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Comment by craigus on Open thread, Oct. 5 - Oct. 11, 2015 · 2015-10-05T23:15:37.591Z · score: 1 (1 votes) · LW · GW

Potential crank warning; non-physicist proposing experiments. Sorry if I'm way off-base here, please let me know where I've gone wrong.

I was contemplating MWI and dark matter, and wondered if dark matter was just the gravitational influence of matter in other universes, where the other universes' matter is distributed differently to ours. Google tells me that others have proposed theories like this, but I can't find if anyone has ever tried to test it.

Has anyone ever tried to test this directly? We have gravimeters sensitive enough that one "detected the gradual increase in surface gravity as workmen cleared snow from its laboratory roof".

Imagine an experiment was run using a source of quantum-random binary data, with the protocol to move a large mass close to and further away from the gravimeter based on the quantum data. My expectation based on this theory is that the gravimeter would measure:

  • Classically move the mass away from the gravimeter: A baseline of gravitational influence (earth/buildings/etc)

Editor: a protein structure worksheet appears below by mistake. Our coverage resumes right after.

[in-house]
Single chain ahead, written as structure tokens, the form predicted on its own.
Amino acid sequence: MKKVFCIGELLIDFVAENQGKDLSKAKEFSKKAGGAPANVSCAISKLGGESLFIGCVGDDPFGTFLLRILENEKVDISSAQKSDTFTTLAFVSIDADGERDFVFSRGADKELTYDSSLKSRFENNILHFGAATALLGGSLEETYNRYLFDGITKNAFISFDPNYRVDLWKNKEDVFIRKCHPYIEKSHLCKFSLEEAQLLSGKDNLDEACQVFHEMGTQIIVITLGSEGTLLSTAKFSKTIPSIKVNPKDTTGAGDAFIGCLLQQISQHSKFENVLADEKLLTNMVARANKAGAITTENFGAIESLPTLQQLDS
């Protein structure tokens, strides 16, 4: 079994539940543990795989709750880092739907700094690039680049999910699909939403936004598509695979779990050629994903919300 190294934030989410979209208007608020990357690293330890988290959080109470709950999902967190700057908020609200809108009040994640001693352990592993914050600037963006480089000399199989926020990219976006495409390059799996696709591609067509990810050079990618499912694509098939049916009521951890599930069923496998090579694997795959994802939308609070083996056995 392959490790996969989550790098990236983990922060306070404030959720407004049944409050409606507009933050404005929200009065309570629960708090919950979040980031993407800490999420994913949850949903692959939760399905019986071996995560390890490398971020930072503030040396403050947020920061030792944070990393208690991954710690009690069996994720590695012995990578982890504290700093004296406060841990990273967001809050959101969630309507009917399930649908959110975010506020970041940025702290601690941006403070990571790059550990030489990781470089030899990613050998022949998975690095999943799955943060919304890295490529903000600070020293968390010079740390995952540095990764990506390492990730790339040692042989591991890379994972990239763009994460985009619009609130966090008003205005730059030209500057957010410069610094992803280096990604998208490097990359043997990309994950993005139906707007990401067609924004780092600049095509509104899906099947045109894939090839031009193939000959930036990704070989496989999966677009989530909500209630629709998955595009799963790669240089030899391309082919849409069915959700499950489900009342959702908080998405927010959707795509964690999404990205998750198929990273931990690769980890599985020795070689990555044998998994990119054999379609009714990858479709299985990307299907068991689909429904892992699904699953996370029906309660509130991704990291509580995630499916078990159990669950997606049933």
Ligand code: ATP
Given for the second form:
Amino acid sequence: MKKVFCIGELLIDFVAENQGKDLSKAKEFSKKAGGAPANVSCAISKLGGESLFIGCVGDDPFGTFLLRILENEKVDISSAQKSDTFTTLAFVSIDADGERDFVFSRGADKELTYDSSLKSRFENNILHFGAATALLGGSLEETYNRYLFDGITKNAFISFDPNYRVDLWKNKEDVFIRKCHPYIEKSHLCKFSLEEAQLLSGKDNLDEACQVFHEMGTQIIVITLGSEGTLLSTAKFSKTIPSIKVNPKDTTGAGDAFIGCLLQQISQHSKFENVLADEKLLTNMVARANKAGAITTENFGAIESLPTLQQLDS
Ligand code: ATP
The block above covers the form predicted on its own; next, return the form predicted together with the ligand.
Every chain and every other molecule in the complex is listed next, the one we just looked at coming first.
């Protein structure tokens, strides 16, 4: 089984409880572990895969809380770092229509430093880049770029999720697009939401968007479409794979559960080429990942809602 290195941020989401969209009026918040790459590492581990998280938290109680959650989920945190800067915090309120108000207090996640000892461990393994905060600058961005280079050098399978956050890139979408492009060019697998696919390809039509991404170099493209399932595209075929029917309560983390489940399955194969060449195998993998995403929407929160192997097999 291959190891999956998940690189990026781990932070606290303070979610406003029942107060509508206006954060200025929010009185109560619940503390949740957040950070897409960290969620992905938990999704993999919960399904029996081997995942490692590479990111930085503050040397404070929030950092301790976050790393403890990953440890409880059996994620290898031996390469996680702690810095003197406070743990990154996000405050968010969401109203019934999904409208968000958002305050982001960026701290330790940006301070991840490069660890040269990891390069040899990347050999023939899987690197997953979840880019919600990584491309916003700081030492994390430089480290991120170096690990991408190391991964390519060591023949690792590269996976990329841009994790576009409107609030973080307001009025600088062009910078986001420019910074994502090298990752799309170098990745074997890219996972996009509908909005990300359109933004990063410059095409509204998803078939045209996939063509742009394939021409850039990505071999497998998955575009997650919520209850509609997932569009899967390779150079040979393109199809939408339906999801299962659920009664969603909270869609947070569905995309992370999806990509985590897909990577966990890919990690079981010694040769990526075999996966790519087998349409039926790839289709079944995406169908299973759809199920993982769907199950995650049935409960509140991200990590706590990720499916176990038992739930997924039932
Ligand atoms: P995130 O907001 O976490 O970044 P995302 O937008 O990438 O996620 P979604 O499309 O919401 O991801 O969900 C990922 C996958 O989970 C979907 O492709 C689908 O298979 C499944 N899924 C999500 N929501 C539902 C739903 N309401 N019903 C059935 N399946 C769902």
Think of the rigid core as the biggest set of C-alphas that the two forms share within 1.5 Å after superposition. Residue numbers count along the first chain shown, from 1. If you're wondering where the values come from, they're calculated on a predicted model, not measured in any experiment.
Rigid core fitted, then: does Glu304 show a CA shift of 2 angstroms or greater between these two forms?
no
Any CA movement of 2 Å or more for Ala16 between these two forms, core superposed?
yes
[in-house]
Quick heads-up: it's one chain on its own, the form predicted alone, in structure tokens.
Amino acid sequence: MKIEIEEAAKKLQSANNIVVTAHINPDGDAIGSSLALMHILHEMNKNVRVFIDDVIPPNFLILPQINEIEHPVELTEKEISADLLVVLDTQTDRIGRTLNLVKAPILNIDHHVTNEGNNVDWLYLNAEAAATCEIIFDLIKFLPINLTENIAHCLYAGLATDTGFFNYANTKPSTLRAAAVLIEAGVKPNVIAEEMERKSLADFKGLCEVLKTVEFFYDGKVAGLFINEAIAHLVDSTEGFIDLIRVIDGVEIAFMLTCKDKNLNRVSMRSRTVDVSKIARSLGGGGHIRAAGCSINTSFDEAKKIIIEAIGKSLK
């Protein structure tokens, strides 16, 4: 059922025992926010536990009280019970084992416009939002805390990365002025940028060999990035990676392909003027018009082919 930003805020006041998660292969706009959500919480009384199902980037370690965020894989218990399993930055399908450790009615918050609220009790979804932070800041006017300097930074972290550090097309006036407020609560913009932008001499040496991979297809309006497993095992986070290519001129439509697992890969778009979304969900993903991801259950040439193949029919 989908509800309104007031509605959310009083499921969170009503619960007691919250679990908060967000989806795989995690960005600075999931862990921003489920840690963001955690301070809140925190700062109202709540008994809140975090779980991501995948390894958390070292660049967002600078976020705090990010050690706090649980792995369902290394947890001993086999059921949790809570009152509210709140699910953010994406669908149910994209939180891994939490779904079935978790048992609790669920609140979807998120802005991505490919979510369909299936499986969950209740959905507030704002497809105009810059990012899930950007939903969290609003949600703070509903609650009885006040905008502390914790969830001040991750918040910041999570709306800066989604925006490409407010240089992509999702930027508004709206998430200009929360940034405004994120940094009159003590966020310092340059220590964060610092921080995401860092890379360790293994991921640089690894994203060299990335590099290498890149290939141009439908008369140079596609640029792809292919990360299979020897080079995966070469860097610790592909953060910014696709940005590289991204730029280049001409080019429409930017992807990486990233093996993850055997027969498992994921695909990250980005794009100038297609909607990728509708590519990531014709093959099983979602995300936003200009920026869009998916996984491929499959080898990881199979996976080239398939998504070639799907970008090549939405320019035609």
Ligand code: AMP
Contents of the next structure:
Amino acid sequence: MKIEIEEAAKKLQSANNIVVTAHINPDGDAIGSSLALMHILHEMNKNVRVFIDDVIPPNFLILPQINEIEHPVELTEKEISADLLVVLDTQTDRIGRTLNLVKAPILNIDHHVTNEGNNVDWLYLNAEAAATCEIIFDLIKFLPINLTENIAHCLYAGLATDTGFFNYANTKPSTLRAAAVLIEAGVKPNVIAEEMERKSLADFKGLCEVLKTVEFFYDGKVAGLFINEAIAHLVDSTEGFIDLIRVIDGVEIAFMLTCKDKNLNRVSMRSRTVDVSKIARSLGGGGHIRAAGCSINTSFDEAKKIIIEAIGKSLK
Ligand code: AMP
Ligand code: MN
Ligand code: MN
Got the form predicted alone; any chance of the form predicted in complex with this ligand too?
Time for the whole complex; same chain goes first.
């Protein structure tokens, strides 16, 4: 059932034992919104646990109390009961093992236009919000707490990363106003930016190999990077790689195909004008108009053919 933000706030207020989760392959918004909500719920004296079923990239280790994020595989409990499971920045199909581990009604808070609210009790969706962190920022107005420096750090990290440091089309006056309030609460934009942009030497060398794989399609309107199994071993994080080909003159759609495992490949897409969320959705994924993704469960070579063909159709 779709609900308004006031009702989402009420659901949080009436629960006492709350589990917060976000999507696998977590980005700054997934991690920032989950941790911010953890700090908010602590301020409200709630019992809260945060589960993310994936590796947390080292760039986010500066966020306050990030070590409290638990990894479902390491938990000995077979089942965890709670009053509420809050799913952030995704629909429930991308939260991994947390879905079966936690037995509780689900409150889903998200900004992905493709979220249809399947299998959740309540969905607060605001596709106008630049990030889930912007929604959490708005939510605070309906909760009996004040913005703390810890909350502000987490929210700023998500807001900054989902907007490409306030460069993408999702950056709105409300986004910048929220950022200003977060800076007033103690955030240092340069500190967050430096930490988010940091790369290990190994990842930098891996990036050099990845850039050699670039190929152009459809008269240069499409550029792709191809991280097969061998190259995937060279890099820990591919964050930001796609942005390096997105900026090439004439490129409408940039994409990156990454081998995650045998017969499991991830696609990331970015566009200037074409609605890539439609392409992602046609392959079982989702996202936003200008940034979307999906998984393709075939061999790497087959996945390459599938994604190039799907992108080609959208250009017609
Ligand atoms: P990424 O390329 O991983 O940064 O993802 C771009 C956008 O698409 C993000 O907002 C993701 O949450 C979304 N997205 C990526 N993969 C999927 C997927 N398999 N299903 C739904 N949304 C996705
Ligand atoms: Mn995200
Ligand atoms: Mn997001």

• Classically move the mass close to the gravimeter: The full gravity of the mass (baseline + mass).
  • Quantumly move the mass close to the gravimeter: Some of the gravity of the mass.
  • Quantumly move the mass away from the gravimeter: Some of the gravity of the mass.

The experimenters would want to repeat the quantum mass movements many times, so that as many universes as possible are able to measure both the 'close to' and 'further away' positions of the mass at least once. (If the experiment only did 5 measurements, 2 out of 32 universes would have their experiment be 'mass is always close' or 'mass is always further away', and therefore don't get the full benefit of the experiment.

Interestingly if this theory were true, experiments could be run where the gravimeter and mass are used to communicate between universes.